The Mimbres region of the American Southwest is celebrated for the beautiful and expressive black-on-white pottery made there in the distant past. Archaeologists often use the term “Mimbres culture” to refer generally to groups who lived in the region and produced Mimbres Black-on-white pottery. Mimbres culture is included in the broader Mogollon tradition found in the mountains and plateus of the central Southwest.
Unfortunately, extensive commercial looting aimed at finding and selling Mimbres pottery devastated many of the region’s sites over the last century. Nevertheless, archaeologists have learned a lot about the region’s ancient inhabitants by working with landowners and land managers to rehabilitate looted sites and protect intact sites.
Where is the Mimbres region?
The Mimbres region includes southwestern New Mexico and adjacent areas in Arizona and northern Mexico. The name Mimbres— Spanish for “little willow”—is also the name of the river running through the center of the region.
When did Mimbres culture flourish?
We see the roots of Mimbres culture among the first pottery-making populations in the region, beginning around A.D. 200. Archaeologists refer to the period between A.D. 1000 and 1130—marked by the famous Mimbres Black-on-white pottery and large pueblo villages—as the Classic Mimbres period. Although people continued to live in the region, the hallmarks of Mimbres culture as archaeologists recognize them are much less obvious after the Classic period.
How did people make a living?
The inhabitants of the Mimbres region farmed the floodplain along the Mimbres River and other major drainages as well as the upland hill slopes. Crops included corn, beans, and squash, as well as cotton. People hunted wild game, including rabbits, deer, antelope, and birds, and they gathered wild plants, such as juniper berries, cacti, mesquite, and various greens.
What is important to know about Mimbres culture? How did it change through time?
As people in the Mimbres region became increasingly committed to agriculture, regional population levels grew and villages increased in size. In several of the largest villages, people built communal pithouses, which archaeologists call great kivas. Though similar to their dwellings, these larger, more elaborate structures probably served in community religious activities.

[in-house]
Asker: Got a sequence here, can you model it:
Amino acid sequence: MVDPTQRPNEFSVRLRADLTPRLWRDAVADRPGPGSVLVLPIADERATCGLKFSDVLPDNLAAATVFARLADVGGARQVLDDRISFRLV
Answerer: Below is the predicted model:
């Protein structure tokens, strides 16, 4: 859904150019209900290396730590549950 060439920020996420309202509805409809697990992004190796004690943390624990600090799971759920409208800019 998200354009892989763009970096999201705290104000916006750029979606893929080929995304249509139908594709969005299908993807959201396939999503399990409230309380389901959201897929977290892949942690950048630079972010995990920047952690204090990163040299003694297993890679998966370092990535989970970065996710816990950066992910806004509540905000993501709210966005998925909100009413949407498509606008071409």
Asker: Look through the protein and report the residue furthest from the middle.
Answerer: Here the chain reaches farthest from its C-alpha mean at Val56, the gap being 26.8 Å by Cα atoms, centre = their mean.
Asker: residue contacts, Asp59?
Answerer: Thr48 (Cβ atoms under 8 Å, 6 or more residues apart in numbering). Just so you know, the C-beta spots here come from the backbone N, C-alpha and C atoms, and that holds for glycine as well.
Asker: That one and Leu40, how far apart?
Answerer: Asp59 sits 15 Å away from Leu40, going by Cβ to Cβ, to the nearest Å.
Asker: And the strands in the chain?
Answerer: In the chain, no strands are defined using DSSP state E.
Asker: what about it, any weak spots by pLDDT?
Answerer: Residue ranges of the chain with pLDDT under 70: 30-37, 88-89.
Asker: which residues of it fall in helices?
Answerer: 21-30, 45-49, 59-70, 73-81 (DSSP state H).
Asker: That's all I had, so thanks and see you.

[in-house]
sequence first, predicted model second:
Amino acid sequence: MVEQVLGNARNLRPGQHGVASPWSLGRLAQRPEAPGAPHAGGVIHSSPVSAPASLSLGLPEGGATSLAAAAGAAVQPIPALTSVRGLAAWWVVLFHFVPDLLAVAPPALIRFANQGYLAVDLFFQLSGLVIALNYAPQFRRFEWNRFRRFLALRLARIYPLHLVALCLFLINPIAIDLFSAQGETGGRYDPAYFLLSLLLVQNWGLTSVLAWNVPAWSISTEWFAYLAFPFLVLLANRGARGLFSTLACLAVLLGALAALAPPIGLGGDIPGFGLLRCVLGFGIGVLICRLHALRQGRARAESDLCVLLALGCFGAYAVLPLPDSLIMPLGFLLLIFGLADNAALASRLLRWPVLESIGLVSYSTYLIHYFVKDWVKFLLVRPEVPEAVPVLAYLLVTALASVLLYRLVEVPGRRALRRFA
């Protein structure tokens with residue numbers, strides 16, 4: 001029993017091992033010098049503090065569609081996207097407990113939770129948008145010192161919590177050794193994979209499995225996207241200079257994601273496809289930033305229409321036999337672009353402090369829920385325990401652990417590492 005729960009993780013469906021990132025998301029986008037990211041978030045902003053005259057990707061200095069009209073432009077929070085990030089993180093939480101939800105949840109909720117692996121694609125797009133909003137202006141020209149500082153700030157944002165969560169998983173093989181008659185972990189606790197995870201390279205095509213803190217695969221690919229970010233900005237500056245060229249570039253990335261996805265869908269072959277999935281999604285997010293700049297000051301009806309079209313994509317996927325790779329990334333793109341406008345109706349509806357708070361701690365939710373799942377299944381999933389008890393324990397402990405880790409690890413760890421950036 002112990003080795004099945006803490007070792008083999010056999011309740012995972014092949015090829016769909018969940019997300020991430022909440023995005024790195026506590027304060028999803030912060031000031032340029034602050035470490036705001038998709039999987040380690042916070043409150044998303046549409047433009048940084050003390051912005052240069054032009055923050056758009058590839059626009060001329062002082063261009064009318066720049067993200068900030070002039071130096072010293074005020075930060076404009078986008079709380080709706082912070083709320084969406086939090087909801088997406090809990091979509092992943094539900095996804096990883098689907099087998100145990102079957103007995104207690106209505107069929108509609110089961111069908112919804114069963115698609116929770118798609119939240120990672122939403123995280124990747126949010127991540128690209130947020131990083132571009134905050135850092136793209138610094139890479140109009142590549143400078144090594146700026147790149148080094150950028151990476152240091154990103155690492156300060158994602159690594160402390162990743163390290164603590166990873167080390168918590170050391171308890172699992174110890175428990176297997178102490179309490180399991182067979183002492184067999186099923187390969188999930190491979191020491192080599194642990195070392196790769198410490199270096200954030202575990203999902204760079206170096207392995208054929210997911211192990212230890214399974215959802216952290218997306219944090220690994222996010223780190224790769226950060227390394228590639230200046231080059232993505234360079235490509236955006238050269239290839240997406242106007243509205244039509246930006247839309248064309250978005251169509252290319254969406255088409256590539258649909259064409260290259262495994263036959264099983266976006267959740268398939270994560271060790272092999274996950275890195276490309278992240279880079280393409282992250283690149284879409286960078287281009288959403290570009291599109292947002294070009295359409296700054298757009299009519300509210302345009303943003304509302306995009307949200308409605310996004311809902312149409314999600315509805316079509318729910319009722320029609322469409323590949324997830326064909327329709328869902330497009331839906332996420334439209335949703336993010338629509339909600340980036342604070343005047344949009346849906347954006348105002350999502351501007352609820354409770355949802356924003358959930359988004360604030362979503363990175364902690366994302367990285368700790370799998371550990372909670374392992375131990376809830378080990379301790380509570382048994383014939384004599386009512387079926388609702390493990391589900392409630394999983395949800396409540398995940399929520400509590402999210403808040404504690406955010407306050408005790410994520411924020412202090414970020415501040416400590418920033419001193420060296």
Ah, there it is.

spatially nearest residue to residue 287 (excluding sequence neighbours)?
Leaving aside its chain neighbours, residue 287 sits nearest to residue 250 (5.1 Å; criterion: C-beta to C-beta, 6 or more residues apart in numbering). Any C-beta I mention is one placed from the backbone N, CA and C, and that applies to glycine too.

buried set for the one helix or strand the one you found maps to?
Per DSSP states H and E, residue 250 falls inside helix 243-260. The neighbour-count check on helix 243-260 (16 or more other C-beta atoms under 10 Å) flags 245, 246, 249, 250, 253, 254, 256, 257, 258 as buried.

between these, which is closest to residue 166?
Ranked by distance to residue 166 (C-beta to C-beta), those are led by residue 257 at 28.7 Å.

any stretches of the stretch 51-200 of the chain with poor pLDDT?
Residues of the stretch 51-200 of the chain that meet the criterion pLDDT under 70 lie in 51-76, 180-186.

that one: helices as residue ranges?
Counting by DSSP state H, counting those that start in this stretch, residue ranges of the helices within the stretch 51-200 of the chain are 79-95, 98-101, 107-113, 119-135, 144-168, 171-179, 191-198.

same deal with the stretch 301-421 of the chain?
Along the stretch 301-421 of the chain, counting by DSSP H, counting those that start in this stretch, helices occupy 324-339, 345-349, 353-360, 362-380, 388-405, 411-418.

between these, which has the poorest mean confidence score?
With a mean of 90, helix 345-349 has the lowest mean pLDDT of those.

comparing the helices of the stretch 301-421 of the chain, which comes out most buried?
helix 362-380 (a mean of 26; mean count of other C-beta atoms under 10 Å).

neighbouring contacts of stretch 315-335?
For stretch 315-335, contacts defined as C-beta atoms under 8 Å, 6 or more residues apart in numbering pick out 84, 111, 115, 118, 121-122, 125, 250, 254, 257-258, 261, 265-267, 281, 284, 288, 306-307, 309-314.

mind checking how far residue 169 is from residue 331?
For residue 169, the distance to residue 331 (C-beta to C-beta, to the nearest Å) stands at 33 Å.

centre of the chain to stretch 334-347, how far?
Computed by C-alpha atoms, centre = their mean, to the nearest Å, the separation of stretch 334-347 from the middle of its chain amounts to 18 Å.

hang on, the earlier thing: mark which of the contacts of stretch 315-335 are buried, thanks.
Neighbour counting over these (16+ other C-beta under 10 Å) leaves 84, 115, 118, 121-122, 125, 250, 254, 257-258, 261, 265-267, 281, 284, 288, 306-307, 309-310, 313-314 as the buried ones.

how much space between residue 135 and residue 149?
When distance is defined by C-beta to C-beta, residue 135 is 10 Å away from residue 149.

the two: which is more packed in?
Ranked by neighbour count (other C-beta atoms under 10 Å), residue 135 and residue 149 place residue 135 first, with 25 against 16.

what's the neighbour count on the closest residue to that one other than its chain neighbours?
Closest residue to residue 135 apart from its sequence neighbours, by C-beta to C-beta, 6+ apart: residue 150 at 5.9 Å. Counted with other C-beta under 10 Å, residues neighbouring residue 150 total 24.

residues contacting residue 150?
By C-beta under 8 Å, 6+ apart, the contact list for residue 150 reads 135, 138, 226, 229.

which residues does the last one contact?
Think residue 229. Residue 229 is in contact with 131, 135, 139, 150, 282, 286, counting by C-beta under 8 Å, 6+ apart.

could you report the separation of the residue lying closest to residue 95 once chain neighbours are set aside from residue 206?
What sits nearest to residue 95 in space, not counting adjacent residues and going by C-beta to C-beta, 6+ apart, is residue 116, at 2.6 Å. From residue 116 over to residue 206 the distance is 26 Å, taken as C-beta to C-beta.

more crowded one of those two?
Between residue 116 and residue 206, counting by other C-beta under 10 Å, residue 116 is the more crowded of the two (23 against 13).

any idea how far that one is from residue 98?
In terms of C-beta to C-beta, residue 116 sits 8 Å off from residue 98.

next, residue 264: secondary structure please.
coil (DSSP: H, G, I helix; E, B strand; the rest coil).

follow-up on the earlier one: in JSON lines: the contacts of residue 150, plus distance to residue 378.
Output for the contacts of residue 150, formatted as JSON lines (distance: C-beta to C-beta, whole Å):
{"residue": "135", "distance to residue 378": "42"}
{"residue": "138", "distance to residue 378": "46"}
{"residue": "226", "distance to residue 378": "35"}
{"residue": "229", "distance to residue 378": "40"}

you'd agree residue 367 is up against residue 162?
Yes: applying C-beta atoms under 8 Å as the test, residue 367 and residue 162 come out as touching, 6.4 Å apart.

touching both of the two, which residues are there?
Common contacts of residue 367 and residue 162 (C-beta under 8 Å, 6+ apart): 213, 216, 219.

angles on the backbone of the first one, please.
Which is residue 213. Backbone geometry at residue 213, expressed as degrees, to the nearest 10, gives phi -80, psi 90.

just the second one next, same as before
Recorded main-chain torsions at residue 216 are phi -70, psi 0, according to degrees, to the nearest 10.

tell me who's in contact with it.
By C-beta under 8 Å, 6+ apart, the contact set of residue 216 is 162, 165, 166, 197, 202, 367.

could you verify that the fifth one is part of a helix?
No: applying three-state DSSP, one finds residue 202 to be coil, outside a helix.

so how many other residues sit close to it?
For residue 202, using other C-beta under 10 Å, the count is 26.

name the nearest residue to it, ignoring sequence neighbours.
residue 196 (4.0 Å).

Dramatic changes occurred over the course of the tenth century. In the early 900s, people disassembled most of the great kivas and burned them in fires that would have been visible for miles. By about 1000, people had begun building aboveground pueblos instead of the pithouses of earlier time periods. Some of these contained several hundred rooms, representing some of the largest villages in the Southwest at that time. These changes coincided with the elaboration of painted designs on Mimbres Black-on-white pottery, marking the beginning of what archaeologists call the Classic Mimbres period.
Thousands of people lived in the Mimbres region in this period, building remarkably similar houses, preparing and cooking food in similar ways, and painting similar designs on pottery that served in daily activities and funerary rituals. Communities seem to have been somewhat insular, with very few trade goods to show connections to other parts of the Southwest, yet images on pottery (such as ocean-dwelling fish) suggest that they had knowledge of more distant lands.
Population increased until the early 1100s, when people began to leave a number of villages, especially those within the Mimbres Valley and the Upper Gila. Increased food stress driven by high population levels, social problems in increasingly large villages, and a period of poor climatic conditions may have contributed to this widespread departure. By about 1130, potters stopped making the black-on-white pottery that had been the region’s hallmark. Previously, archaeologists viewed these as signs of collapse. More recently, as researchers have investigated areas outside of the central Mimbres Valley, we see considerable evidence that people remained in those outlying areas. The locations and layouts of settlements changed, however, and there was a great deal more diversity in pottery and architecture. Imported pottery shows that these later residents established connections with distant areas of the Southwest and northern Mexico. Population continued to decline through 1450, however, by which time prehistoric agricultural populations seem to have completely abandoned the Mimbres region.
What is happening to Mimbres sites today?
Thanks to the efforts of archaeologists and concerned landowners, as well as new state and federal laws, Mimbres sites are no longer on the path toward total obliteration. Since the 1970s, the nonprofit Mimbres Foundation has protected and investigated a number of important sites across the Mimbres region. In 2011, Archaeology Southwest took on the responsibilities for protecting three of these sites—Mattocks, Janss, and Wheaton-Smith—and we continue to work with private and public partners to ensure the protection of others.